Cybersecurity researchers have revealed an unrepaired flaw in Apple Pay that attackers could abuse to make an unauthorized Visa payment with a locked iPhone by taking advantage of the Express Travel mode set in the device’s wallet.
“An attacker only needs a stolen, fed into iPhone. Transactions can also be transmitted from an iPhone inside someone’s bag, without their knowledge,” a group of academics from the University of Birmingham and the University of Surrey said. . “The attacker does not need help from the merchant and the backend fraud detection controls have not stopped any of our test payments.”
Express Travel is a feature that allows iPhone and Apple Watch users to make quick contactless payments for public transportation without having to activate or unlock the device, open an app, or even validate with Face ID, Touch ID, or a password.
The man-in-the-middle (MitM) replay and retransmission attack, which involves bypassing the lock screen to illicitly make a payment to any EMV reader, is possible due to a combination of flaws in the Apple Pay and Visa system. , and it doesn’t affect, say, Mastercard on Apple Pay or Visa cards on Samsung Pay.
The modus operandi is based on mimicking a transit gate transaction by using a Proxmark device that acts as an EMV card reader that communicates with the victim’s iPhone and an NFC-enabled Android application that works as an emulator. card to transmit signals to a payment terminal.
Specifically, it takes advantage of a unique code, also known as Magic Bytes, transmitted through transit gates to unlock Apple Pay, resulting in a scenario where, by replaying the sequence of bytes, the Apple device is tricked into authorizing a unauthorized transaction as if it originated at the banknote barrier, when, in fact, it has been activated through a contactless payment terminal under the control of the attacker.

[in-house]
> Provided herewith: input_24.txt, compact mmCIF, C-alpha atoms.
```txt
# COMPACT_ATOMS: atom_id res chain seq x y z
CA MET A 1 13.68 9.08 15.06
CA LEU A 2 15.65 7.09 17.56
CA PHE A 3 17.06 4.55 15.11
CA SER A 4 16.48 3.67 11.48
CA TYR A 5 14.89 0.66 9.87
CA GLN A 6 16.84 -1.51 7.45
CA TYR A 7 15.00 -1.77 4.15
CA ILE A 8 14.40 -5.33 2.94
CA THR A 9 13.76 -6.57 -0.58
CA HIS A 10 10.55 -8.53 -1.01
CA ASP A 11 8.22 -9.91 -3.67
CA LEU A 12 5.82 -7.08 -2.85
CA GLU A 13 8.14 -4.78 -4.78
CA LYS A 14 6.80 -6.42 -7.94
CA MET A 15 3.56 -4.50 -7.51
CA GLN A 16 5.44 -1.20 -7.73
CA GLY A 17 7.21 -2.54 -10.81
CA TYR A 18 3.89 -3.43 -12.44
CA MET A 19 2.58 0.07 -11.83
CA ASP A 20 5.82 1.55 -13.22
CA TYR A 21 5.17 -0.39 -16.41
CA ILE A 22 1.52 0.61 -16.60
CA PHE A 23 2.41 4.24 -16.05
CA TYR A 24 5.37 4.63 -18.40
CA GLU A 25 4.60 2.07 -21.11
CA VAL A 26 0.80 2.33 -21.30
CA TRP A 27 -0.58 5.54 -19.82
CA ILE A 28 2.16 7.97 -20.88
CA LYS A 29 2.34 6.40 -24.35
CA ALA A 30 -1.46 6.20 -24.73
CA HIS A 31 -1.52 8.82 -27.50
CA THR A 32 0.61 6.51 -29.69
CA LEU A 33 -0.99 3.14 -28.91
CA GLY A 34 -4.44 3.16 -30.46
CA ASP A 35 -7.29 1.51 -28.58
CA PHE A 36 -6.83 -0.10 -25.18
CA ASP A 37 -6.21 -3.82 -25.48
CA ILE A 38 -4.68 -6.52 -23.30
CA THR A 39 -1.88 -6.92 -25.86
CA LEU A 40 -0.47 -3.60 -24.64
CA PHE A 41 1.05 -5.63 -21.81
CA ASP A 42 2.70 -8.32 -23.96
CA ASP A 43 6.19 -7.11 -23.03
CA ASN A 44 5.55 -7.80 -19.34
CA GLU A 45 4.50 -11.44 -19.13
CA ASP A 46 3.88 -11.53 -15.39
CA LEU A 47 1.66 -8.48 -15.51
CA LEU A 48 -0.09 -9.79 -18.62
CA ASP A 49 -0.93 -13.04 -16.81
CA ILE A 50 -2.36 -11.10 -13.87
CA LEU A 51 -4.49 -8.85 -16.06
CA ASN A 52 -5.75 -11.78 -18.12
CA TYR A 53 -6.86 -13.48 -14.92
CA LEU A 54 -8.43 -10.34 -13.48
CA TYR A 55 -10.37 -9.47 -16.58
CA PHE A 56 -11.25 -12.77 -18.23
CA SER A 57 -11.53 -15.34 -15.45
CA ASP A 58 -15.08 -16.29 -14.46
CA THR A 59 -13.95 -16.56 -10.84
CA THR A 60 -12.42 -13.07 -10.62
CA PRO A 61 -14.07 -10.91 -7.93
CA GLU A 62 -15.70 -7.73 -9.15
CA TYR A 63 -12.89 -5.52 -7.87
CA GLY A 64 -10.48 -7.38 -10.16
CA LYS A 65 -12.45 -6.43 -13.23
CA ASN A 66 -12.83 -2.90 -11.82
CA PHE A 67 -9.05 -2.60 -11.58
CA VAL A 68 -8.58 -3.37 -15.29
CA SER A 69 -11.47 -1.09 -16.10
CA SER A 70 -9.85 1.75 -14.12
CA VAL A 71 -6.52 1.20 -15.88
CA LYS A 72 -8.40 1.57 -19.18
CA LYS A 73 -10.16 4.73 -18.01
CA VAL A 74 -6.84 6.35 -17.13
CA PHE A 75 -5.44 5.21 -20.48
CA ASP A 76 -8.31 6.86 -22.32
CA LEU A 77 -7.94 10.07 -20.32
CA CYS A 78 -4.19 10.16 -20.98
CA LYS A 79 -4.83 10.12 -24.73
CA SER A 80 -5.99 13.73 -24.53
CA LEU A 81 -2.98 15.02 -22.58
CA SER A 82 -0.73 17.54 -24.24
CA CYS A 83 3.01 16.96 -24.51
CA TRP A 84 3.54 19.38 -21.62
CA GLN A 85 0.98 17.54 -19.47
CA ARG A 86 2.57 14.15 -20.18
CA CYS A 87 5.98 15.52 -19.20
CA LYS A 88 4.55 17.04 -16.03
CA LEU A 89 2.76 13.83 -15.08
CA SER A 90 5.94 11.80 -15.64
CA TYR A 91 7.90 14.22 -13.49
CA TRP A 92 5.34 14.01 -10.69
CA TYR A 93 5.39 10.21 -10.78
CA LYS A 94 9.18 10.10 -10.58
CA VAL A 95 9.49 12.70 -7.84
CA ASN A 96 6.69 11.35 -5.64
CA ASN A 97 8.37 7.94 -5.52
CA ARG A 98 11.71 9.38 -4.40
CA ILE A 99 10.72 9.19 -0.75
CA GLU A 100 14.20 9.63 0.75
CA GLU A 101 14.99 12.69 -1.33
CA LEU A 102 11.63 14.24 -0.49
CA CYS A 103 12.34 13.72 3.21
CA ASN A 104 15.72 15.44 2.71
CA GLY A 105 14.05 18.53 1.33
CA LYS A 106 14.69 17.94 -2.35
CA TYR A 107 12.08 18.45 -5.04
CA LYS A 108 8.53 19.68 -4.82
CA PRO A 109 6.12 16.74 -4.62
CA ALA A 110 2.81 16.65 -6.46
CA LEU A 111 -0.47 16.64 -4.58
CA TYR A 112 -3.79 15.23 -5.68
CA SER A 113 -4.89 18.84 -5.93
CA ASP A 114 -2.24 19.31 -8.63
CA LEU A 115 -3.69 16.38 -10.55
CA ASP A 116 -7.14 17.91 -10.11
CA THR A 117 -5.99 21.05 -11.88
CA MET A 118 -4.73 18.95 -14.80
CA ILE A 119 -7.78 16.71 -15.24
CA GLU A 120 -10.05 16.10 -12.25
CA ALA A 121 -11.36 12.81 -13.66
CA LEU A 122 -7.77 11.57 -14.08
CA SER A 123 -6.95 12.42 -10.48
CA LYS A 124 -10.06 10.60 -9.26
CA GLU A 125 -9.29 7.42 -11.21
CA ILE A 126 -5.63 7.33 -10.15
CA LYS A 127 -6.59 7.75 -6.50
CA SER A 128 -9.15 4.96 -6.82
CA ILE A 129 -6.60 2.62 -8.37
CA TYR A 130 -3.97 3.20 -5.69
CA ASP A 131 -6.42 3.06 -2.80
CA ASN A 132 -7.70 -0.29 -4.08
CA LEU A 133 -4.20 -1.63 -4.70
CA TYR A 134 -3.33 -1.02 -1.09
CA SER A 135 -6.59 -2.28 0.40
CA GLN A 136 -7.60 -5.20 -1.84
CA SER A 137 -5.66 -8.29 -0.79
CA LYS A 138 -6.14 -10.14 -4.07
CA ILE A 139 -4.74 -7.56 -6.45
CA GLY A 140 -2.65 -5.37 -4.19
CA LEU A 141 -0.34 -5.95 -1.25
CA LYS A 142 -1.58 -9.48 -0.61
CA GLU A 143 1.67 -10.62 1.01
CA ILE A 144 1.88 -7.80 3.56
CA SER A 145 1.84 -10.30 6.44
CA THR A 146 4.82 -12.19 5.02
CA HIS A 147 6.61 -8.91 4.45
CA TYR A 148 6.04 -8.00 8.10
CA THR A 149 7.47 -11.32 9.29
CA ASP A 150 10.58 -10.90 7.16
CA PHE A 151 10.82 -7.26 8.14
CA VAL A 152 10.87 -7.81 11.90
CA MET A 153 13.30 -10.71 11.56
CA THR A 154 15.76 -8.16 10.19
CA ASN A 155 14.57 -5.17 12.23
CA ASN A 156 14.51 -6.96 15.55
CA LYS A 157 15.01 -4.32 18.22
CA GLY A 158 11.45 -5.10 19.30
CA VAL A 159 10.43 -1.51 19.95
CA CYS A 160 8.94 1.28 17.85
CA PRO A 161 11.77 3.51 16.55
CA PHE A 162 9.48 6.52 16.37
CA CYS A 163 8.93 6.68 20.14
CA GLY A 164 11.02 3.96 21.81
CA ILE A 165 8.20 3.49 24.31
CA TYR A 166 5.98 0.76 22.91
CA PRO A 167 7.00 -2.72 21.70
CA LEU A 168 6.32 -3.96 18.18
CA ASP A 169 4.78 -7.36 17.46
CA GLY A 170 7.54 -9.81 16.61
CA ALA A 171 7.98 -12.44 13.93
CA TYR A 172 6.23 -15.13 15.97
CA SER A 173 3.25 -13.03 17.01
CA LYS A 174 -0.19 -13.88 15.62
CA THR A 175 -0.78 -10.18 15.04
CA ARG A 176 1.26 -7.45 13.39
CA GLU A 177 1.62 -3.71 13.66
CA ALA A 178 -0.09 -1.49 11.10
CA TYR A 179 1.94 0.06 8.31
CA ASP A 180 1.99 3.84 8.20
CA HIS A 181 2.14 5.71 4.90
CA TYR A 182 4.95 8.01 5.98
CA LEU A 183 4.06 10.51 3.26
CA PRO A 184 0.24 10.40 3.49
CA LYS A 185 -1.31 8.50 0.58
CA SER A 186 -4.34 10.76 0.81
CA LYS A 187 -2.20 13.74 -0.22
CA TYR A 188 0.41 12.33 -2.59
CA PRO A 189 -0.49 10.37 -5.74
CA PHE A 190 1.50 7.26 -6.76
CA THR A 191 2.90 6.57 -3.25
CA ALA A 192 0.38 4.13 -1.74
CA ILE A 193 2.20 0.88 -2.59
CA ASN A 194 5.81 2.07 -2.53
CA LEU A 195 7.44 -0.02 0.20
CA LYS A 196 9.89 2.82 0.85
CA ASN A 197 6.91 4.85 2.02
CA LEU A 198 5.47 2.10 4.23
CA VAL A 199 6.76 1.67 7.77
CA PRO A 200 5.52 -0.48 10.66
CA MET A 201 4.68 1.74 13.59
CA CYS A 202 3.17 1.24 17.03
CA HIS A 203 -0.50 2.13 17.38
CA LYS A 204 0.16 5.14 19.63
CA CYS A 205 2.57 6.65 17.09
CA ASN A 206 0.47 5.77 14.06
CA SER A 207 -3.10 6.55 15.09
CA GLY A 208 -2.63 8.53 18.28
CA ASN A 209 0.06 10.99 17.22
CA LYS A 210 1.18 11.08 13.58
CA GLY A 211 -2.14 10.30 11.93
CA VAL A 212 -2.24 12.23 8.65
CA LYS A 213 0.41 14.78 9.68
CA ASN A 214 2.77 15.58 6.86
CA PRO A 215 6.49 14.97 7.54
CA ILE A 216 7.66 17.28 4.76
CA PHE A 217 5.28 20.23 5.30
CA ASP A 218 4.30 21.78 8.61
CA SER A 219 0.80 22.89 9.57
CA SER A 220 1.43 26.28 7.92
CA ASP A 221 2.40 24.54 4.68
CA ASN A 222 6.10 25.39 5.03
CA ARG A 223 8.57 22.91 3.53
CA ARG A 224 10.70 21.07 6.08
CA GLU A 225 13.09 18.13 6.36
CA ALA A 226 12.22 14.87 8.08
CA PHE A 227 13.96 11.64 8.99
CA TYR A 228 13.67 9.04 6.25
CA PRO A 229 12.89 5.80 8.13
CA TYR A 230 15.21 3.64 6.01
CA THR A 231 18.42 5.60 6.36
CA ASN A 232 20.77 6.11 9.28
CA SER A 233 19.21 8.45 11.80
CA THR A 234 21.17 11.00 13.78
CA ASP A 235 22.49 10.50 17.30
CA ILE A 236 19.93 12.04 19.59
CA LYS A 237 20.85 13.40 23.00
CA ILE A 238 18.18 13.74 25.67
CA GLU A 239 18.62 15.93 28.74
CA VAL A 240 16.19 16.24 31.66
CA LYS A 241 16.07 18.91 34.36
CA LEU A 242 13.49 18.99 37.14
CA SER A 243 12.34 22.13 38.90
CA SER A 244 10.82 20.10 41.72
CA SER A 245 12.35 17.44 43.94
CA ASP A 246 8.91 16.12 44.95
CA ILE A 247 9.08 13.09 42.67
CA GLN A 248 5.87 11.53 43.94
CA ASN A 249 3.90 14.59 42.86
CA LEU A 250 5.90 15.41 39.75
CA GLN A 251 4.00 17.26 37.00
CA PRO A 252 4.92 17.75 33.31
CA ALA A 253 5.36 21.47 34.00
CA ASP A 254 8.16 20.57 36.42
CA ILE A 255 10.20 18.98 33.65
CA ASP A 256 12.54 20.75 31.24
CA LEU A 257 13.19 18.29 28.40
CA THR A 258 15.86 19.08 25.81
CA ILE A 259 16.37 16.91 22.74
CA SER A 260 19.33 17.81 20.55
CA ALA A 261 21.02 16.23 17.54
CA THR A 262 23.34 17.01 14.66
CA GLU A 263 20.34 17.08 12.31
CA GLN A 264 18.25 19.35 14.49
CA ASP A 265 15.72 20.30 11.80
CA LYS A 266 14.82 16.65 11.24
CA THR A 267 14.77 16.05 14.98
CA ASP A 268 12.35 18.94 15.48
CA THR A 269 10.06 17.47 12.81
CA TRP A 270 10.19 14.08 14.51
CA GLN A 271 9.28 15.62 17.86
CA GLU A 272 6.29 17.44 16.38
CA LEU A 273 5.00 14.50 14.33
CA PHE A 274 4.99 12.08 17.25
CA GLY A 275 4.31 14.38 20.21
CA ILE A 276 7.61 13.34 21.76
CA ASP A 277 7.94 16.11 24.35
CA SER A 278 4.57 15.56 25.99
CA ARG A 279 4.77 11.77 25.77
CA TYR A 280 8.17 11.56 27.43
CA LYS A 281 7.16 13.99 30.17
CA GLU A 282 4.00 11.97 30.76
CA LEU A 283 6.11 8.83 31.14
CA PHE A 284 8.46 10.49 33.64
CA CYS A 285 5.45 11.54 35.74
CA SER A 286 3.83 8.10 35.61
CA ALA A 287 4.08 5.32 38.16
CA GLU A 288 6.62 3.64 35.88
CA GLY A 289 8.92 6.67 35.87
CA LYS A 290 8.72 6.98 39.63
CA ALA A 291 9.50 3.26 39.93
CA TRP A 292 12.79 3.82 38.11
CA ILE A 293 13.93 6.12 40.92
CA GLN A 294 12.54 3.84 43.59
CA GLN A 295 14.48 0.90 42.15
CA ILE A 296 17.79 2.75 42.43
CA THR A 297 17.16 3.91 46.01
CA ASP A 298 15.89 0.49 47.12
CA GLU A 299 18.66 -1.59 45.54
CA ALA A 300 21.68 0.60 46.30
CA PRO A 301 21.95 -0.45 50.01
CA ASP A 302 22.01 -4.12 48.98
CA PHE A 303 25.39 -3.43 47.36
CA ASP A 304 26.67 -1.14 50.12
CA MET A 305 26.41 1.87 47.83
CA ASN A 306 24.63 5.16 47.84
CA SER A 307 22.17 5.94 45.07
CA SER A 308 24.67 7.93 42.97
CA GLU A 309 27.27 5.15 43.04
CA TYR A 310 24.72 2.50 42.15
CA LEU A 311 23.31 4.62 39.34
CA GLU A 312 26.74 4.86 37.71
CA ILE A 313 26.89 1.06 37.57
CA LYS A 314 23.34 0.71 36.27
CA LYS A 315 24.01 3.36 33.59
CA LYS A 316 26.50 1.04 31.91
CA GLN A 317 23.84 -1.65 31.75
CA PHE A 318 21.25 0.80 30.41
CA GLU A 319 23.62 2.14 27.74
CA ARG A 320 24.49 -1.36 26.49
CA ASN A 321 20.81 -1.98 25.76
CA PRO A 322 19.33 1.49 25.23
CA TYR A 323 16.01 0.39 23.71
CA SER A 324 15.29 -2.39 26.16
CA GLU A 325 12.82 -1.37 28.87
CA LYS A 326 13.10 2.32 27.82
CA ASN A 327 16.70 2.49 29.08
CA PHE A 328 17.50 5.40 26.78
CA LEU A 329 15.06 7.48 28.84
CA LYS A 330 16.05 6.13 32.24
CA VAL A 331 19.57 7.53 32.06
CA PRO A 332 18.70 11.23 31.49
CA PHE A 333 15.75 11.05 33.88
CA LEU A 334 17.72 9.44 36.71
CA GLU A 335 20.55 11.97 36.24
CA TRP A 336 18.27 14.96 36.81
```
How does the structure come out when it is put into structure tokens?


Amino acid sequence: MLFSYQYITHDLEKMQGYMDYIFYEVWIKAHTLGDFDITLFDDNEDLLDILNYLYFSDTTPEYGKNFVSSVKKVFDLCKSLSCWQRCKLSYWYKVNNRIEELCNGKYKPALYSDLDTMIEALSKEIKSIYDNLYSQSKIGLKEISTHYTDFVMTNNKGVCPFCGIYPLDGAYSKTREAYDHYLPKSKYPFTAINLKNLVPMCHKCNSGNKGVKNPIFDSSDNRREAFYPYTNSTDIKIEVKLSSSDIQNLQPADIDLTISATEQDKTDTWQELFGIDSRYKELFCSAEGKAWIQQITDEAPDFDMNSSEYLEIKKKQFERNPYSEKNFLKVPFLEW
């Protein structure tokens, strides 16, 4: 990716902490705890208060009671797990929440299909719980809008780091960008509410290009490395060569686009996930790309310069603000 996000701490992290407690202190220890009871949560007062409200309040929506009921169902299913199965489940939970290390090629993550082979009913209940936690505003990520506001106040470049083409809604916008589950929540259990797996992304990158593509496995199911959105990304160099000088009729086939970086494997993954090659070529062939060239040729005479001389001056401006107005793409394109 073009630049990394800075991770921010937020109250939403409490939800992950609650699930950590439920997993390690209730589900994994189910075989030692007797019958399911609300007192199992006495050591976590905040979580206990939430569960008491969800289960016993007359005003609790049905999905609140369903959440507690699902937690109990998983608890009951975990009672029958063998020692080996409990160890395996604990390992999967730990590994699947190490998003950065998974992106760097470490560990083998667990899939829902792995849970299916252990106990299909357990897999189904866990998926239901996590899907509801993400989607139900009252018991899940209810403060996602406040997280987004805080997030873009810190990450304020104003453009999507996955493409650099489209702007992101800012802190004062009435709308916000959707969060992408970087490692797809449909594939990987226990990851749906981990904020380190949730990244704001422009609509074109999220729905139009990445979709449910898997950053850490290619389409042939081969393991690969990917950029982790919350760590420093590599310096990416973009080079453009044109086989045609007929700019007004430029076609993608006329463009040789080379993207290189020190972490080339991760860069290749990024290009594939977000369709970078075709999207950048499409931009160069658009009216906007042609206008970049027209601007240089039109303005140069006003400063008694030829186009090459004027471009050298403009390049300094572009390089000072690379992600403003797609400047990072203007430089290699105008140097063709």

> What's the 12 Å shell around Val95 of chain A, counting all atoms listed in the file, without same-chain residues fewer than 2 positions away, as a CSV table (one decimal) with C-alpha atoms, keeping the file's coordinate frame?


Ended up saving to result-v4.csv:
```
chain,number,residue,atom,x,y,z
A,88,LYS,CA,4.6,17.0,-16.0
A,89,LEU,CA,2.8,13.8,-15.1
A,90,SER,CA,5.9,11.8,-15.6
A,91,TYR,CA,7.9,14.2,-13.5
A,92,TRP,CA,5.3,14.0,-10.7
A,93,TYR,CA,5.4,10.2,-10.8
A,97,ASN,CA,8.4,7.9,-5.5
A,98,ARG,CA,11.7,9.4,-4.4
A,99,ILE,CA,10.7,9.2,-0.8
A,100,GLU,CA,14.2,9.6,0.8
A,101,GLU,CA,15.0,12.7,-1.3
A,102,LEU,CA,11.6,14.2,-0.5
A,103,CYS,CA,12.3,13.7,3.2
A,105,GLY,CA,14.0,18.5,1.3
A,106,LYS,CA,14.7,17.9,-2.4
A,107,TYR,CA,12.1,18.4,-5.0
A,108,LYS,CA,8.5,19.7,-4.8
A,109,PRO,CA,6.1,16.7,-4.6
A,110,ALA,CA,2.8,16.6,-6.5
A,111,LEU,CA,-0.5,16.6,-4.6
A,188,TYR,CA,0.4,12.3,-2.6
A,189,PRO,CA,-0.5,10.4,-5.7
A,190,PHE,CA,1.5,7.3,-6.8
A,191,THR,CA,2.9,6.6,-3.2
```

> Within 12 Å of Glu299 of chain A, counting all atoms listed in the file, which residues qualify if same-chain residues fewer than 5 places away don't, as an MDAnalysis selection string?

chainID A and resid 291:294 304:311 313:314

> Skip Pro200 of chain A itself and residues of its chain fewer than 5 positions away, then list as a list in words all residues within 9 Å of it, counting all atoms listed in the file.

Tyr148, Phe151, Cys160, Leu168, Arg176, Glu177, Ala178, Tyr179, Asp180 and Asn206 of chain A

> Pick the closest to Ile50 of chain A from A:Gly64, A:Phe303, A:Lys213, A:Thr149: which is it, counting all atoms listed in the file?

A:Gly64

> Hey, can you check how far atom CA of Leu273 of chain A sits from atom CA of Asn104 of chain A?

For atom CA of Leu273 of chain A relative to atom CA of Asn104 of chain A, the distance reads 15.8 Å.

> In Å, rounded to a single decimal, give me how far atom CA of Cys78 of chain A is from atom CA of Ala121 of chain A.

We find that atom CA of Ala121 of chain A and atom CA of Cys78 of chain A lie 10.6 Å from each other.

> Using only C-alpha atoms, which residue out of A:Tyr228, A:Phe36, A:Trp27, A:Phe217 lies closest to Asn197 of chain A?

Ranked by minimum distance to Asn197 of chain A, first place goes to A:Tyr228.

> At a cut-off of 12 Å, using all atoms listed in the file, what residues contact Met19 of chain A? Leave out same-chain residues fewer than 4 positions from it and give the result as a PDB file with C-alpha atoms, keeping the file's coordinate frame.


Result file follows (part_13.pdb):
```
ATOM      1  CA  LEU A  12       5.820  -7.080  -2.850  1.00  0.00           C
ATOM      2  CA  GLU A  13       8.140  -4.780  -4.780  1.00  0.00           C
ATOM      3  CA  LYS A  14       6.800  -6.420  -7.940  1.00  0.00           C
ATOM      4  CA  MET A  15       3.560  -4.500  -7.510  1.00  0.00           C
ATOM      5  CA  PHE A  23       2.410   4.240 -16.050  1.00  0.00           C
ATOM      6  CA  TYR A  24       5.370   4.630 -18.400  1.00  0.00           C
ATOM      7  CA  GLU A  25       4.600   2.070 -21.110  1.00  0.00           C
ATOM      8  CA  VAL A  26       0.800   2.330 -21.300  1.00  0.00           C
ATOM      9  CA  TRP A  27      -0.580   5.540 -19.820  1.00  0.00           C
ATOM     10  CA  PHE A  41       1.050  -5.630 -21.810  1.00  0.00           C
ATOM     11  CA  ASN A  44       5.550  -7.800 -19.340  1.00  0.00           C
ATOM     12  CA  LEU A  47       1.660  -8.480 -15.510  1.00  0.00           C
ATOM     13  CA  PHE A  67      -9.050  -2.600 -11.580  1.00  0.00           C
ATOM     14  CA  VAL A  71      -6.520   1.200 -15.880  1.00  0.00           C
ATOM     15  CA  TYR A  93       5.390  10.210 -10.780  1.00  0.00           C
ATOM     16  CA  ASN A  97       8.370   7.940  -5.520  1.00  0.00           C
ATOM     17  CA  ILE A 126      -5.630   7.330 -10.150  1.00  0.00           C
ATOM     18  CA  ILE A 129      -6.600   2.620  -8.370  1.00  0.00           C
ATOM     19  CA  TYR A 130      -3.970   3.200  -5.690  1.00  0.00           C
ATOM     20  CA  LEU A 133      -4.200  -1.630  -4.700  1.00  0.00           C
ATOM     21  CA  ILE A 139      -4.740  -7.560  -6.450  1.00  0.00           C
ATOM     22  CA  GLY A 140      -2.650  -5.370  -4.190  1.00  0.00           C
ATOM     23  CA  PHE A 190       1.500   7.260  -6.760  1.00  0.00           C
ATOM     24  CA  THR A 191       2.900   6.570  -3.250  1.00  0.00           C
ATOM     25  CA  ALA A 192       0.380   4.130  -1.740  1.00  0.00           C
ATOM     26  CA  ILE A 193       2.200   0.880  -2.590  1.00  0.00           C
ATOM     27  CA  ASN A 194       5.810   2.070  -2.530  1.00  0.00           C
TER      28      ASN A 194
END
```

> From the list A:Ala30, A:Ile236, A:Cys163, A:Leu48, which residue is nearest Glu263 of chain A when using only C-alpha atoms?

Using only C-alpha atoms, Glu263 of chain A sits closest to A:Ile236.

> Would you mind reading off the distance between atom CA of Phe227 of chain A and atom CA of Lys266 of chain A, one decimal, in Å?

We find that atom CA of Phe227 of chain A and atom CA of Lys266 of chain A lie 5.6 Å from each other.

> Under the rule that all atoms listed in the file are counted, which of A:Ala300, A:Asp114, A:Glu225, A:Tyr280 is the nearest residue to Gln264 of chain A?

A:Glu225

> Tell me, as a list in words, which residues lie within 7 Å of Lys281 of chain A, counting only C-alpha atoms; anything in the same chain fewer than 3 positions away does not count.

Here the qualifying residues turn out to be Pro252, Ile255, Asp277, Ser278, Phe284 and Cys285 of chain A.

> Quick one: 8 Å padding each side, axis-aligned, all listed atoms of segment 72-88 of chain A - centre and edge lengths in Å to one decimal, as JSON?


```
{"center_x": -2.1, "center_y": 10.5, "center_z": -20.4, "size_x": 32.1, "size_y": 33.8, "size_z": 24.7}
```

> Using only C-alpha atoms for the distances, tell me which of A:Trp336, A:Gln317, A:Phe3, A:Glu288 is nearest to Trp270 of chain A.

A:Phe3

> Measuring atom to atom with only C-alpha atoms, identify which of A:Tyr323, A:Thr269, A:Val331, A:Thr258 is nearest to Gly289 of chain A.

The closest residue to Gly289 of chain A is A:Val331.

At the same time, the EMV reader is also tricked into believing that user authentication has been performed on the device, allowing payments of any amount to be made without the knowledge of the iPhone user.
Apple and Visa were alerted to the vulnerability in October 2020 and May 2021, respectively, the researchers said, adding that “both parties acknowledge the severity of the vulnerability, but have not reached an agreement on which party should implement a fix. “.
In a statement shared with the BBC, Visa said this type of attack was “impractical”, adding: “Variations of contactless fraud schemes have been studied in laboratory settings for more than a decade and have proven to be impractical to run at scale in the real world. “
“This is a concern with the Visa system, but Visa does not believe that this type of fraud can occur in the real world given the multiple layers of security in place,” an Apple spokesperson told the UK national broadcaster.
Author: Ravie Lakshmanan